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One of the most politically minded and passionate filmmakers of the late 20th century, Greek director Costa-Gavras assailed the forces of corruption, exploitation and power gone wrong in such celebrated films as "Z" (1969), "Missing" (1982) and "Music Box" (1989). Gavras' childhood, which saw his father - a hero for the Greek Resistance in World War II - stand accused of Communism by a totalitarian military junta, fueled the intensity of his best work, which took aim at global forces whom he considered conspiring to crush freedom of thought and liberty for the common man. He received Oscars for "Z" and "Missing," but found himself something of an outcast after 1983's "Hanna K." (1983), which was perceived as pro-Palestinian. Though his work was seen mostly in Europe after 1997, his best films preserved his status as a major figure in international cinema, and a staunch supporter of human rights.Born Constantinos Gavras in Loutra Iraias, Greece on Feb. 12, 1933, Costa-Gavras' father was a member of the National Liberation Front, which spearheaded the Greek Resistance against the Axis during World War II. However, the organization was branded as Communists following the Greek Civil War in 1946, and...
One of the most politically minded and passionate filmmakers of the late 20th century, Greek director Costa-Gavras assailed the forces of corruption, exploitation and power gone wrong in such celebrated films as "Z" (1969), "Missing" (1982) and "Music Box" (1989). Gavras' childhood, which saw his father - a hero for the Greek Resistance in World War II - stand accused of Communism by a totalitarian military junta, fueled the intensity of his best work, which took aim at global forces whom he considered conspiring to crush freedom of thought and liberty for the common man. He received Oscars for "Z" and "Missing," but found himself something of an outcast after 1983's "Hanna K." (1983), which was perceived as pro-Palestinian. Though his work was seen mostly in Europe after 1997, his best films preserved his status as a major figure in international cinema, and a staunch supporter of human rights.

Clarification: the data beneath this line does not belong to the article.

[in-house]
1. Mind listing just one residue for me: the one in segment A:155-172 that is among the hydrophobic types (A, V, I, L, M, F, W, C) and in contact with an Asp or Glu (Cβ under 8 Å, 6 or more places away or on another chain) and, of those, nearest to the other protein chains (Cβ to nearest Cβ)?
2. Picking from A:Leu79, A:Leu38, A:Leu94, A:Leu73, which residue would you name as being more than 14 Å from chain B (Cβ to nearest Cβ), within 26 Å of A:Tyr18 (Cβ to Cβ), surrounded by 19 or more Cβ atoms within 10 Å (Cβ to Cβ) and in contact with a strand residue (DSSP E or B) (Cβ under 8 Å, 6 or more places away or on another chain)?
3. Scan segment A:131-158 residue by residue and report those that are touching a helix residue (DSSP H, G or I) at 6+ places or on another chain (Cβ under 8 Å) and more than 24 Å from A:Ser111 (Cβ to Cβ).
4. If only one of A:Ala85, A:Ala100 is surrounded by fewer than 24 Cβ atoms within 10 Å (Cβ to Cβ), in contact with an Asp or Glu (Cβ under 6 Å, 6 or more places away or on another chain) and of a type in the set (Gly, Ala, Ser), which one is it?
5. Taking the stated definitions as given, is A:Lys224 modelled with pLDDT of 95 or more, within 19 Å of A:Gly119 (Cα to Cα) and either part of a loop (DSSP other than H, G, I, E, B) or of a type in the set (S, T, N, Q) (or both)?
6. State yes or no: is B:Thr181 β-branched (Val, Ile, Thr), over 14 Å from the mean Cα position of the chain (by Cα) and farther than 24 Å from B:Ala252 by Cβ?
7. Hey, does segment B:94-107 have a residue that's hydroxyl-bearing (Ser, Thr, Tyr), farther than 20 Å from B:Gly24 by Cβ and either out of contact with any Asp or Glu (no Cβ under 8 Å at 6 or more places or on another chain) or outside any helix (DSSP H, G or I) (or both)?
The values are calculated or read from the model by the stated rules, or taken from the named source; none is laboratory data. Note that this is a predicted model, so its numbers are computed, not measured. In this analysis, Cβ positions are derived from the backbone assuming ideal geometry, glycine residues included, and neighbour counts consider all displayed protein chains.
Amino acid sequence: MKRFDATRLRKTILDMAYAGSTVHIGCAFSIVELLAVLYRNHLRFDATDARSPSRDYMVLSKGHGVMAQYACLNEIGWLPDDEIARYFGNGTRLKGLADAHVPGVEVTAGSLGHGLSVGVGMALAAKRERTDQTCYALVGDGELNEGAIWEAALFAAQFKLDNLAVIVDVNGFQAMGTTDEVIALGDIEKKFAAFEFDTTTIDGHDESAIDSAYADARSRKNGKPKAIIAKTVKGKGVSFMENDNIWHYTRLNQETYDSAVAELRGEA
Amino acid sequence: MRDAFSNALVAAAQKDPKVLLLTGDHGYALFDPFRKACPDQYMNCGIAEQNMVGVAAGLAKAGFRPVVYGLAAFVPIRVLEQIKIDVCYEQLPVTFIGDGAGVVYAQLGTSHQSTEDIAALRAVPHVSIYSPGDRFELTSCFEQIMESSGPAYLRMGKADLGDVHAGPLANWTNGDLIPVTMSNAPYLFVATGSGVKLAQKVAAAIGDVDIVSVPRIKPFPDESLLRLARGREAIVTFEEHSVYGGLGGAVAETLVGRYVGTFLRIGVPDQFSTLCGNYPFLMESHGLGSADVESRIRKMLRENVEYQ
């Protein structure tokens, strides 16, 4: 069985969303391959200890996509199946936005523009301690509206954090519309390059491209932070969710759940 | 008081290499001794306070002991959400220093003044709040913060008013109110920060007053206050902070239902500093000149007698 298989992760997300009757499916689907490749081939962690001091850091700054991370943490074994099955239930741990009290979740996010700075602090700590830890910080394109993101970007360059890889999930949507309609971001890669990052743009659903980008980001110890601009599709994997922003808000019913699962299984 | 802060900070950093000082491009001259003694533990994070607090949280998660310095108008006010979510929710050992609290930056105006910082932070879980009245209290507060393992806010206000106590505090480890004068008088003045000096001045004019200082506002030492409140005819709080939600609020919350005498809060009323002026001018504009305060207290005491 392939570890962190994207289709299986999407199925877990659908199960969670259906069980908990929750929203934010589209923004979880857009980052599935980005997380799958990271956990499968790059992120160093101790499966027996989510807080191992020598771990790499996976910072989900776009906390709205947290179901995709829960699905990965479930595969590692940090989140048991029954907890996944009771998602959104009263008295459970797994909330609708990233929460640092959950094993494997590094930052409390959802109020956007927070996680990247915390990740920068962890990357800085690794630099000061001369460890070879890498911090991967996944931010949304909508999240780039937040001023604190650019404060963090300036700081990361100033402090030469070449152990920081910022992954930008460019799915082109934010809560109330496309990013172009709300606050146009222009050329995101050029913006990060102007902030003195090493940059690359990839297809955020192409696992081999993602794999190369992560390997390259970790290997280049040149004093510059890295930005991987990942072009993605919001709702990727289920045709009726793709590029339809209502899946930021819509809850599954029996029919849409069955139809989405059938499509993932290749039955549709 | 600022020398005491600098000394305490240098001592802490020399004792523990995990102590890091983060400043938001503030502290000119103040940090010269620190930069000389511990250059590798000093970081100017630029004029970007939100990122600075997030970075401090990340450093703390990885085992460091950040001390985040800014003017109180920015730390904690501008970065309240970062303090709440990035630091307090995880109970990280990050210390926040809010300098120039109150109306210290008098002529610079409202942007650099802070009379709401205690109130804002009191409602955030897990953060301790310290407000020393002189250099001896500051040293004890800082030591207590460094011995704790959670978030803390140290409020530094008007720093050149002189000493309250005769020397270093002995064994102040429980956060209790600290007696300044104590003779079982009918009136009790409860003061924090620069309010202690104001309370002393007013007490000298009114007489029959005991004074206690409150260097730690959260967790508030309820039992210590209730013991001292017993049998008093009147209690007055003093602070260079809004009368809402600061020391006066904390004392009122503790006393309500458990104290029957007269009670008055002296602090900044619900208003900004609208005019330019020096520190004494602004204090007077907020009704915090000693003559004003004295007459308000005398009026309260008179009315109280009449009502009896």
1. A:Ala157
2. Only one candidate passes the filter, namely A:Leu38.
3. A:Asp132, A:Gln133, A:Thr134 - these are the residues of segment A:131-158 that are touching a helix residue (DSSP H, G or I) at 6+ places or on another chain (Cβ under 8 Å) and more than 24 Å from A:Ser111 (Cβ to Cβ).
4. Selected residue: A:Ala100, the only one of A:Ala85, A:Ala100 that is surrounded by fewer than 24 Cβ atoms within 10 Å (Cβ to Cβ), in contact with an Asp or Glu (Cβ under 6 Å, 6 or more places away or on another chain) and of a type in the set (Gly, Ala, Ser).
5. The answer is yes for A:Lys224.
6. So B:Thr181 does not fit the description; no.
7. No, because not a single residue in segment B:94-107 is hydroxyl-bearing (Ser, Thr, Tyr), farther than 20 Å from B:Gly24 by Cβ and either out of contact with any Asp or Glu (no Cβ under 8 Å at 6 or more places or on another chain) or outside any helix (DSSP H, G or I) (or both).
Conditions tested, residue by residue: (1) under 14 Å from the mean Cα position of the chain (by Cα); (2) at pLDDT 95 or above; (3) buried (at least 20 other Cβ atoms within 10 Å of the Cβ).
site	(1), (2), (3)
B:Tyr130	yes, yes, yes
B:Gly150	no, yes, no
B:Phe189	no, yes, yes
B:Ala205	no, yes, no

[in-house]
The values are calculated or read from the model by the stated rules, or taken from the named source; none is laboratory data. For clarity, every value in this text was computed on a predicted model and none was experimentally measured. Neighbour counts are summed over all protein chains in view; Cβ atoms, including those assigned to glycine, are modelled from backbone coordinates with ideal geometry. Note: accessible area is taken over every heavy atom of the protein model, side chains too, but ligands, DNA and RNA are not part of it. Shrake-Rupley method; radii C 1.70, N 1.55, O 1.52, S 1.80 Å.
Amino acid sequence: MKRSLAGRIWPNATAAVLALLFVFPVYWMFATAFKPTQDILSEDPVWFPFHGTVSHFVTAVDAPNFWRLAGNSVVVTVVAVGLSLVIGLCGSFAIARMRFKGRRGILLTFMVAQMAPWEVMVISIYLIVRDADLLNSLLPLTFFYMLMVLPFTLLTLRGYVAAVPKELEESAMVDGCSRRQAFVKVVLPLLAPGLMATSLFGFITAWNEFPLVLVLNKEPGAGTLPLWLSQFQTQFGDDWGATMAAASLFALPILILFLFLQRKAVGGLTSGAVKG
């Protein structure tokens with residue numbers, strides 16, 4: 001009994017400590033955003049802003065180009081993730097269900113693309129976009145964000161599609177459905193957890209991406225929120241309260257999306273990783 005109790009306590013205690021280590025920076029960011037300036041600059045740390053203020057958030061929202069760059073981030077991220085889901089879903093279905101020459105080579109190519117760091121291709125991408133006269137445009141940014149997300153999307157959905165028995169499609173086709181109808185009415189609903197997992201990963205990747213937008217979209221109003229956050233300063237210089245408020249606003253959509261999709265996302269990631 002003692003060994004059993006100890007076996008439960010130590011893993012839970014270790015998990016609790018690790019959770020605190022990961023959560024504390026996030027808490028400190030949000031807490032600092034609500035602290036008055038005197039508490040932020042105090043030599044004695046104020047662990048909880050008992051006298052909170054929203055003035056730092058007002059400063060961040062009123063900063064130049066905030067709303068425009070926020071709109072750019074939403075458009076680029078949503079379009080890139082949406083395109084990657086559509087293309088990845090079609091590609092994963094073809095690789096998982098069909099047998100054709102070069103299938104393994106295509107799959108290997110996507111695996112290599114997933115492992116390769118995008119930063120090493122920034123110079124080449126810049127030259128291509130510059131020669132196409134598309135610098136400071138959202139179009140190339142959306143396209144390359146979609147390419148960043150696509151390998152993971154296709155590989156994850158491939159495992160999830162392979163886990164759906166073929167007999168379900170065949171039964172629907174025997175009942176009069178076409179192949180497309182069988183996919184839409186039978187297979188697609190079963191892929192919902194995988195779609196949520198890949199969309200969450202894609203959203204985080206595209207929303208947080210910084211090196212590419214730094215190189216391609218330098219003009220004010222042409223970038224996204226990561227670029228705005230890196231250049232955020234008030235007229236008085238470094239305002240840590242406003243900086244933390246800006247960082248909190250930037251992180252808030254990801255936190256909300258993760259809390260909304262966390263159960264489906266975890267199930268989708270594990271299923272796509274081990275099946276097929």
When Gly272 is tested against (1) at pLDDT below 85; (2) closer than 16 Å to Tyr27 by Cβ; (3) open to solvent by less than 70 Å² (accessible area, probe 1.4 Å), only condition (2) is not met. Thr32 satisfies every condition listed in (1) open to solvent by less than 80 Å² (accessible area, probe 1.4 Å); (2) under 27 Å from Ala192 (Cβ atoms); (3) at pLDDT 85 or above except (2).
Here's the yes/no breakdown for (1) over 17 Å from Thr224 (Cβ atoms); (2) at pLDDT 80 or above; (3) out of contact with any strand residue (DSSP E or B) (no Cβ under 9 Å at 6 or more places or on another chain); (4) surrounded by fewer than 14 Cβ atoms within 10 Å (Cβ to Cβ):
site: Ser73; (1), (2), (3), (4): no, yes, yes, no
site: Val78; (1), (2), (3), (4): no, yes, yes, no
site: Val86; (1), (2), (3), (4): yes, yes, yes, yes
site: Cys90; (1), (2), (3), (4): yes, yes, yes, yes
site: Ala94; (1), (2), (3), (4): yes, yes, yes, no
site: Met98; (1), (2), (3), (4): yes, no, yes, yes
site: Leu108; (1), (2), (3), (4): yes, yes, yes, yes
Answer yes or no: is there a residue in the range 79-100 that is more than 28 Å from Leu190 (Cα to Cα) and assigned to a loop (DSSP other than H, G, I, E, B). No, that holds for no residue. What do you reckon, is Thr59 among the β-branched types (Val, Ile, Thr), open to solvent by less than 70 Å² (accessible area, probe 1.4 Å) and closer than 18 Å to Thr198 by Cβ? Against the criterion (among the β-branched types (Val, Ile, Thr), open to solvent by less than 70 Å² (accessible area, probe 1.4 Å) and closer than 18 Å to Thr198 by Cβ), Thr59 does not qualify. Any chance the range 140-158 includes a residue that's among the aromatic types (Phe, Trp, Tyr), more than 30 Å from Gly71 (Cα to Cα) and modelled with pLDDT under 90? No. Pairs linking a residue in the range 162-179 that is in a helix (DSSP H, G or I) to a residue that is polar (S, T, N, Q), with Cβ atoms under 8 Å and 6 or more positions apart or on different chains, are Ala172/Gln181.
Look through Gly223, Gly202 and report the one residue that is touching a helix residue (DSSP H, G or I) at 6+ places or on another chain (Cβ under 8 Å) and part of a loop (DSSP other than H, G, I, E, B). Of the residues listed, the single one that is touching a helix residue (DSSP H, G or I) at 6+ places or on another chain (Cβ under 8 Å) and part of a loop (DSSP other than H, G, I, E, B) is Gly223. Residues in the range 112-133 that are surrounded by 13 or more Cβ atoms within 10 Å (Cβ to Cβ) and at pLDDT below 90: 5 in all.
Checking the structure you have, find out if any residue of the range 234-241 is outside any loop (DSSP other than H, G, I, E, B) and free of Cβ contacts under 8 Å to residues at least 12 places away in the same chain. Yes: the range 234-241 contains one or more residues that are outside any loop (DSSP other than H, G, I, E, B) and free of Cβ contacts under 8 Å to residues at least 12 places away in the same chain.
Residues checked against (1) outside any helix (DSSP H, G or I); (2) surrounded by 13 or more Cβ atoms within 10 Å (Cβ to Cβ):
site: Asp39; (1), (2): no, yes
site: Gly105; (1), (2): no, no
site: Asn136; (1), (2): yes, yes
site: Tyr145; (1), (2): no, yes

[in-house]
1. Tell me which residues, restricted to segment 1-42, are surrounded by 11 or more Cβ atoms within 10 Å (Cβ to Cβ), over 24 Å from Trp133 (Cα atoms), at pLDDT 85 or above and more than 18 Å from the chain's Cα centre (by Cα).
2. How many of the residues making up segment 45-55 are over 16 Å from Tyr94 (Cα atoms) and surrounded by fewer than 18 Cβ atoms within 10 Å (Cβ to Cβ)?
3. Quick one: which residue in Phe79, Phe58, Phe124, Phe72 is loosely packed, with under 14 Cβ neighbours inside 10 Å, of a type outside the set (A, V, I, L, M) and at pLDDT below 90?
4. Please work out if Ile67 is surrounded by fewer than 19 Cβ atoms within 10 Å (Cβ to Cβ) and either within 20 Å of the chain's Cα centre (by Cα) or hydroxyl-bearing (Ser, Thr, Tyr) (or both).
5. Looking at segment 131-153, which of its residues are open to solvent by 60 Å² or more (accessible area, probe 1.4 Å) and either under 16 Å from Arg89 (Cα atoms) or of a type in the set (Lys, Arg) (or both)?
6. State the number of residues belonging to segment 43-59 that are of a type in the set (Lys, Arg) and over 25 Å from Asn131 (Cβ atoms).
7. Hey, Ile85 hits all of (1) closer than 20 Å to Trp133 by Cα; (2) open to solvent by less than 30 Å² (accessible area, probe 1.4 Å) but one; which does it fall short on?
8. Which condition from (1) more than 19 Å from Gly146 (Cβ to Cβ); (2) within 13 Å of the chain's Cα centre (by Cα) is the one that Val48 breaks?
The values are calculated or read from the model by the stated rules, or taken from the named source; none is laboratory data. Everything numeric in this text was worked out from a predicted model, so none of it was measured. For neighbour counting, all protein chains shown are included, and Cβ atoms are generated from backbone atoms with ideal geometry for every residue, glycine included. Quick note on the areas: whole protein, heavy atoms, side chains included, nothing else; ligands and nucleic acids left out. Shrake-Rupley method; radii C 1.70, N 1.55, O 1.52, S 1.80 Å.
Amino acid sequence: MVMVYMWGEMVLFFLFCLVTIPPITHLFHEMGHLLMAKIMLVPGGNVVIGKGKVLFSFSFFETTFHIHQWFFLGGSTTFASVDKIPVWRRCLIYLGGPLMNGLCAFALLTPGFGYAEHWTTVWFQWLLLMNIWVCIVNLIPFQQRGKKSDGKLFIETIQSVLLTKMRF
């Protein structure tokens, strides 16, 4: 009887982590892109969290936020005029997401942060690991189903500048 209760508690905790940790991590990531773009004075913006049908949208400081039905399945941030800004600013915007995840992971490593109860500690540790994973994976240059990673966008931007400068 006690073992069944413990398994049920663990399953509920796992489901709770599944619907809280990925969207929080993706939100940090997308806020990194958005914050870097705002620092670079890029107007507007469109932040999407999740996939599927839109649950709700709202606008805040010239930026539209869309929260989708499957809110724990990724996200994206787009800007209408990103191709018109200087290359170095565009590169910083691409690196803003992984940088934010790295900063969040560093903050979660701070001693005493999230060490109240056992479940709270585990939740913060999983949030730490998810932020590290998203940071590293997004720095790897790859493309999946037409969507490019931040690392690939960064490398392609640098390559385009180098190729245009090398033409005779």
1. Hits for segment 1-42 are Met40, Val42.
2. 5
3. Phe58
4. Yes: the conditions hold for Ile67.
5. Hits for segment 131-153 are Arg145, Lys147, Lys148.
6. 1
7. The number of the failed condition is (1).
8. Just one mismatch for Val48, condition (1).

Born Constantinos Gavras in Loutra Iraias, Greece on Feb. 12, 1933, Costa-Gavras' father was a member of the National Liberation Front, which spearheaded the Greek Resistance against the Axis during World War II. However, the organization was branded as Communists following the Greek Civil War in 1946, and Gavras was denied entry into the United States, where he had hoped to study film. Instead, he went to Paris, where he studied law before transferring to the Institute for Advanced Cinematographic Studies, one of the top film schools in the country. After graduating, he served as apprentice to some of the most renowned French directors of the period, including Yves Allegret and Rene Clair. After working as an associate director on several films, including Jacques Demy's "Bay of Angels" (1963), he made his directorial debut with "The Sleeping Car Murders" (1965) starring his soon-to-be frequent collaborator, Yves Montand, as an inspector investigating a rash of killings on a train from Marseilles to Paris. A modest thriller, it would be the last non-political effort of his career.